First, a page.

Finesse is possibly the greatest asset any fighter can have. A combination of experience and confidence, the 35-year-old fighter who has knee and elbow problems can easily out finesse the 20-year-old un-experienced fighter with lightning fast however mundane and unrefined techniques. You must use your finesse to manipulate your opponent, forcing him to do your bidding so you can respond however you wish.

Timing now that you can respond, when is the right time? Visualize what the benefits are of starting just a little earlier or later and how to take advantage of the opening timing can create.

Distance: To far is too far; too close is to close. Choose your techniques according to the appropriate distance using your speed and timing to fill the space between you and your opponent. It is very important to maintain and control your opponent within your range and distance.

Reaction: Be aware, eyes open, ears listening in all directions. See everything you opponent does even though your eyes are set only on one spot. Respond appropriately. If you have been practicing and visualizing different scenarios then
you should have multiple options available to respond with. You should however never wait for your opponent to attack. Constantly push him so you actually have control of his attack. Giving him the opportunity to attack only when you want him to and how you want him to. Limiting how he can actually attack will allow you to pick and choose your reaction.

Aggression: Don?t be afraid to attack first or to attack at all for that matter. In any form of battle whether it be mental or physical, it is still battle and there will be a time you must either attack or counter attack or be defeated. When you are on the attack you have more openings exposed the when you were not. Because of this you must know of your weaknesses when you are attacking and be prepared to counter based on your opponents knowledge of you weakness. Intimidate your opponent with your spirit and use your aggressiveness to weaken him so you can attack him not only physically but mentally and from the inside as well. When you are an aggressive fighter, be aware that all eyes are upon you. You must change your style of fighting for each opponent you face for just as you have been watching them they are now focused on you. To be an aggressive opponent you must have the stamina to last 10 times longer than the average match, which is 2 to 5 minutes. That?s and average of 30 minutes time both aerobically and an-aerobically.

Defense: You must not trust your opponent in battle in any way. Rules are not concrete on any level of battle in life. Courtesy is not a requirement. Keep your guard up at all times. Polite gestures can be considered a byproduct of Budo, however true to life battle is more like a Bujutsu.

When fighting any kind of Kumite you must be fully confident of what you have learned and practiced. You must be at your peak at all times, prepared without a moments notice to react and overcome with lightning sharp techniques delivered by a professional player who has trained for moments that can come at any time. You must have self-control and a desire to win. When you travel either across town or across the country to compete or to due business, you must Go knowing and wanting to return successful. The same goes when your opponent or opponents come to your hometown or backyard. There must be no second thought of your destiny, which only you can control. Not every technique is for every player. You must define your Kumite to fit you and refine it to a point that it appears you have your own style of Karatedo .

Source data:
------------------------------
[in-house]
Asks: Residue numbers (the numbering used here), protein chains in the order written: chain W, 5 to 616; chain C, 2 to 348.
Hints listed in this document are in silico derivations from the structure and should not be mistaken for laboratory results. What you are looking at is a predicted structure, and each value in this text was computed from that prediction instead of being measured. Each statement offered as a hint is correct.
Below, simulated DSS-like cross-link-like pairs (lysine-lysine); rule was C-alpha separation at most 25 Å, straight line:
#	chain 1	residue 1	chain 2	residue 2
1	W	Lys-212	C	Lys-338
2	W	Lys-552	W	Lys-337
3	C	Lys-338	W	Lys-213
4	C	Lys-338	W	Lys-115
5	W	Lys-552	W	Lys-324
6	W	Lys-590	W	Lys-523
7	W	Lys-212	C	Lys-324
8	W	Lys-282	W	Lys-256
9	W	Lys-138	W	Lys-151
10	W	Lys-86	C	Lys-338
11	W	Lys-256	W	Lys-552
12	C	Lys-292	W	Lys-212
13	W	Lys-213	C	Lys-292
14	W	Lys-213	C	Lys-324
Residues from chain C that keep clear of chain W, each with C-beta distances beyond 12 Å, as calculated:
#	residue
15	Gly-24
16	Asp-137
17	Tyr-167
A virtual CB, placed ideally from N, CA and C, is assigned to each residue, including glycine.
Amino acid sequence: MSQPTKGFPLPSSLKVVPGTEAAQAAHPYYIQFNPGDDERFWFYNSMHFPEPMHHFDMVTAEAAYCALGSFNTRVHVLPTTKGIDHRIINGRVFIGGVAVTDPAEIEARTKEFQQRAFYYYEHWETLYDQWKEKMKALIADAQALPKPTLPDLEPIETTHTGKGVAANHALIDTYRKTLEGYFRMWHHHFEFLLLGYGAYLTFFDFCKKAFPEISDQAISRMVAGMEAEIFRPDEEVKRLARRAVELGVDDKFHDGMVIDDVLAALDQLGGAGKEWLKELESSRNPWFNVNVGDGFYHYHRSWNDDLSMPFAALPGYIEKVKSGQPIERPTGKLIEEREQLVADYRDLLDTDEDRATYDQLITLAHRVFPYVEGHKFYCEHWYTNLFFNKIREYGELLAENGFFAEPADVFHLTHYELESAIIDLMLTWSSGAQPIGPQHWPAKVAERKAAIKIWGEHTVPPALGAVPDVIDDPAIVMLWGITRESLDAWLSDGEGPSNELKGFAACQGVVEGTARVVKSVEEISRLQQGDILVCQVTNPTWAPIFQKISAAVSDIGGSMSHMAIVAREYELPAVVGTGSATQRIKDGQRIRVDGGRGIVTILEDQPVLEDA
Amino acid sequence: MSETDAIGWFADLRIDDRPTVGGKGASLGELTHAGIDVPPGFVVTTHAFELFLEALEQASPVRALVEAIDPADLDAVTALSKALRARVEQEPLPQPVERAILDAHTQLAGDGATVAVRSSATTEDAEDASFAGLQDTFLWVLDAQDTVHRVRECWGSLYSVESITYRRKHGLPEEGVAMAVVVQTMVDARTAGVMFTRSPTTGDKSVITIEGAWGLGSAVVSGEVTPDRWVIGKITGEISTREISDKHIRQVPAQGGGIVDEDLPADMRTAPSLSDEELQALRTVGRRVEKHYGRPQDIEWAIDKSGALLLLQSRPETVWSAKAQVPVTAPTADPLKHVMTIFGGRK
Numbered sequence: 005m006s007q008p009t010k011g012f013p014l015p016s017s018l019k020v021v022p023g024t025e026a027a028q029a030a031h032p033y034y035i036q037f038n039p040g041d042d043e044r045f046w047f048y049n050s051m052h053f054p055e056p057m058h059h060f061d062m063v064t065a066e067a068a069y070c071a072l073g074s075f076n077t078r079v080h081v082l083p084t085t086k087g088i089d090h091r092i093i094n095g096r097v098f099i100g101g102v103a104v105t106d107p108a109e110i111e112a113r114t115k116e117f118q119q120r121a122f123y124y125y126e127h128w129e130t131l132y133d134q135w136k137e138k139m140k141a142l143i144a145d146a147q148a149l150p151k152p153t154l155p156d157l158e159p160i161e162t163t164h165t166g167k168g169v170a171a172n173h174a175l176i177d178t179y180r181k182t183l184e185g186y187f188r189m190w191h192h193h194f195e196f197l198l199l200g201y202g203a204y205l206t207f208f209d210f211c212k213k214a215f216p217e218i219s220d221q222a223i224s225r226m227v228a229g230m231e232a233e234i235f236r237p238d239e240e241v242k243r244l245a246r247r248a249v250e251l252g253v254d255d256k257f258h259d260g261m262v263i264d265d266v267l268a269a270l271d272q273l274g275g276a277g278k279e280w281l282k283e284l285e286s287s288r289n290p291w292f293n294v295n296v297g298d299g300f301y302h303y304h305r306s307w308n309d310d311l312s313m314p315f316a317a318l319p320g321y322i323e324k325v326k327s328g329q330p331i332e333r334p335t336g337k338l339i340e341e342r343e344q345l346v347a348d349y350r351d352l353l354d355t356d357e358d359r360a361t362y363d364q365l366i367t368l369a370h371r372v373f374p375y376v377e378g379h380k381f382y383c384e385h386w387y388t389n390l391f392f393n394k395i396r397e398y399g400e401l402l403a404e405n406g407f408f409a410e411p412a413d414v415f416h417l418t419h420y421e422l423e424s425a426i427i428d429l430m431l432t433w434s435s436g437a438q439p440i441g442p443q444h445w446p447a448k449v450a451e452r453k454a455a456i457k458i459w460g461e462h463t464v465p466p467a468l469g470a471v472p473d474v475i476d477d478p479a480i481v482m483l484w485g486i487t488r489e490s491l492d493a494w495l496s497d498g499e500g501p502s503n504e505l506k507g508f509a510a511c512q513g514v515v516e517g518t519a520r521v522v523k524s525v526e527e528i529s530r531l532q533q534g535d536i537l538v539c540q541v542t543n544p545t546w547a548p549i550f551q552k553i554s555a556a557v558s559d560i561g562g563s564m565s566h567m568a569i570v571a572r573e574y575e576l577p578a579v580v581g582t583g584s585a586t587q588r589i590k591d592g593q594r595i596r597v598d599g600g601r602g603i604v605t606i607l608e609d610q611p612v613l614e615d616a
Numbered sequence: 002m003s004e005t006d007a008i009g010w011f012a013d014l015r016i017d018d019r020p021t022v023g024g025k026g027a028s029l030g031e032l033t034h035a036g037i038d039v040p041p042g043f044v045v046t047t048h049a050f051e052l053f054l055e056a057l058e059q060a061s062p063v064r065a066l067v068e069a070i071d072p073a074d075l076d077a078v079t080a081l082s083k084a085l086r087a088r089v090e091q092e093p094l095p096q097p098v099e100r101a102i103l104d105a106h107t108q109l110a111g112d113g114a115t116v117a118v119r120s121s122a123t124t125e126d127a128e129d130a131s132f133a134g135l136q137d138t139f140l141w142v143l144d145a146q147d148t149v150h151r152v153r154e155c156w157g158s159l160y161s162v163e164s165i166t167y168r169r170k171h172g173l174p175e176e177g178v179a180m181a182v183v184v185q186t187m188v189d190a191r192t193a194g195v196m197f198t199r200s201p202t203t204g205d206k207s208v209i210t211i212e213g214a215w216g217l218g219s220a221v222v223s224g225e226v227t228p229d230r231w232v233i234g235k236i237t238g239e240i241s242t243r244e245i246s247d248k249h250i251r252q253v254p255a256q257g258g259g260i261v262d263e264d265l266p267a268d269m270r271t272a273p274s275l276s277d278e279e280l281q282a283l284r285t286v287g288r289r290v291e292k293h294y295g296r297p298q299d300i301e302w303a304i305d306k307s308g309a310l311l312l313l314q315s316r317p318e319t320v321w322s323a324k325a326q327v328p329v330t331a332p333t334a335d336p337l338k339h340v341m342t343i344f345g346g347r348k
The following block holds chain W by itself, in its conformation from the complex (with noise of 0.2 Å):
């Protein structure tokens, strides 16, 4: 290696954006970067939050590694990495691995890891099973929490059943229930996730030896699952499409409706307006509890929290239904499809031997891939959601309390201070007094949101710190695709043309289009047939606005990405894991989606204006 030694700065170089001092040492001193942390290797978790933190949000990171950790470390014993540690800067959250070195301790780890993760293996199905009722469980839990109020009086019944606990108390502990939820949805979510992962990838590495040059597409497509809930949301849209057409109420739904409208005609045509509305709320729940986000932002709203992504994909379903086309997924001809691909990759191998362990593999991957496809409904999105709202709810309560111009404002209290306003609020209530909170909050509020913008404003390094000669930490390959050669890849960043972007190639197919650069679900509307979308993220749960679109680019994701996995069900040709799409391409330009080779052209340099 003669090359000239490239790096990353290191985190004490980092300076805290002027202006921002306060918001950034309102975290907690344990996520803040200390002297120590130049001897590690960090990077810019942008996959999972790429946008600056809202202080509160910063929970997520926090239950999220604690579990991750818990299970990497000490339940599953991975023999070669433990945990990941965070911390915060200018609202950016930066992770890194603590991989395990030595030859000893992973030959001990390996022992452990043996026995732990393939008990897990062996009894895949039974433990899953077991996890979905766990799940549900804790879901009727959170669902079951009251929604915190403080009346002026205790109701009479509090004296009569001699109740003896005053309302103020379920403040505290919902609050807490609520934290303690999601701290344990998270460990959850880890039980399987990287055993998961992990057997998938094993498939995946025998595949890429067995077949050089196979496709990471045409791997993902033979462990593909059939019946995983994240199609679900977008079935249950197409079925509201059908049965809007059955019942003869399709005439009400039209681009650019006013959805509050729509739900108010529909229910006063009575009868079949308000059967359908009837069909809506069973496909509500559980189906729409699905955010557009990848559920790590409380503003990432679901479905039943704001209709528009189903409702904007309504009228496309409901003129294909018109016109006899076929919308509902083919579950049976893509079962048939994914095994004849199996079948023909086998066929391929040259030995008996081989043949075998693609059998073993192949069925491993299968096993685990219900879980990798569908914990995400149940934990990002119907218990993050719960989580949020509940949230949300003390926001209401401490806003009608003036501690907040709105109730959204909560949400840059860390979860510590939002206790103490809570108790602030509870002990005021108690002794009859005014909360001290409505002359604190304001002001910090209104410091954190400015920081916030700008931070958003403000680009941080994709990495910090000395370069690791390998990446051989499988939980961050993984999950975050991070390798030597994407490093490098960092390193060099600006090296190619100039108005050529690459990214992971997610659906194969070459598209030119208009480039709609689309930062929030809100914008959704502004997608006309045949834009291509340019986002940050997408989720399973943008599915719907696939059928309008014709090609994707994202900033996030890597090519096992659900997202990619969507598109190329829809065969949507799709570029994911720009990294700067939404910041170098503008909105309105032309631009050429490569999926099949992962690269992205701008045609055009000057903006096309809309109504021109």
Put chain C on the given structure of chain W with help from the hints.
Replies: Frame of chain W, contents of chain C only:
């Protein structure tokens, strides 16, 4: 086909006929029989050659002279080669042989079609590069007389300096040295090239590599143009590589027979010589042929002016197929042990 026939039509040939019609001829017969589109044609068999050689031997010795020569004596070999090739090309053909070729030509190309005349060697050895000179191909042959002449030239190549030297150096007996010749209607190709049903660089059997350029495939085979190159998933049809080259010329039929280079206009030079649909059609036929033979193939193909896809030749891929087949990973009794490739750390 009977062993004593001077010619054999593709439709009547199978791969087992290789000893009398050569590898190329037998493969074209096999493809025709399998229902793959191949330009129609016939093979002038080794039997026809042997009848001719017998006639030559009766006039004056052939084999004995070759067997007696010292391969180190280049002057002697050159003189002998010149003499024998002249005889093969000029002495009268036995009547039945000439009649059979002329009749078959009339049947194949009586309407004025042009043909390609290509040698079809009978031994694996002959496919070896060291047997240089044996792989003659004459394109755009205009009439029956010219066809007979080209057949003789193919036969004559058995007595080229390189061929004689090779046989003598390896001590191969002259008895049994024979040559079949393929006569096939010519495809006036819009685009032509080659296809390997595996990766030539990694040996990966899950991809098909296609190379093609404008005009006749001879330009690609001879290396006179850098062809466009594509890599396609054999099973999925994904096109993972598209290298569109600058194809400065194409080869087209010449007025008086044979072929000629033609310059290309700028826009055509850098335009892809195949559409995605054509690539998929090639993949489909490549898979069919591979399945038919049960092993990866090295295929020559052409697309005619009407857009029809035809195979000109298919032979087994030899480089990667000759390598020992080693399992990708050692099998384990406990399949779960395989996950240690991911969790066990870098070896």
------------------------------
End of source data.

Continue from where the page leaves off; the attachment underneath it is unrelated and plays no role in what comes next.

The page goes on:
For some fighters it is ok to have a set pattern or series of attacks as long as those patterns and attacks can be modified to suit the match at hand. Have these patterns and attacks well rehearsed and ready to switch to a different one all together at any moment.

Shobon Kumite:
Competitive or sport Kumite has changed with the times. As with Children from generation to generation becoming smarter and smarter. Kumite has evolved into a highly technical art. No longer can traditional training methods be strictly followed. Modern day scientific application and Kinieseology play a major factor in the decisions of who will become the champions on an International and National level.

There are some important points to remember while participating in these competitive tournaments.

Win matches one point at a time, Win tournaments one match at a time.

You must visualize yourself winning and what techniques it will take to overcome you opponent. Positive visualization. Tell yourself how you will win.

Avoid the ideals of the political match. Whether or not there is such a thing, having a conscious thought of such will weaken your spirit and hinder your performance. Causing your own Blackballing within certain regions is not worth the hassle because you felt their was bias is the decision of an outcome.

There is no referee in the world who got up this morning saying "Today I am going to make sure that person does not win". Your performance and its outcome are purely your own responsibility and destiny.

Create a list of Kumite Goals: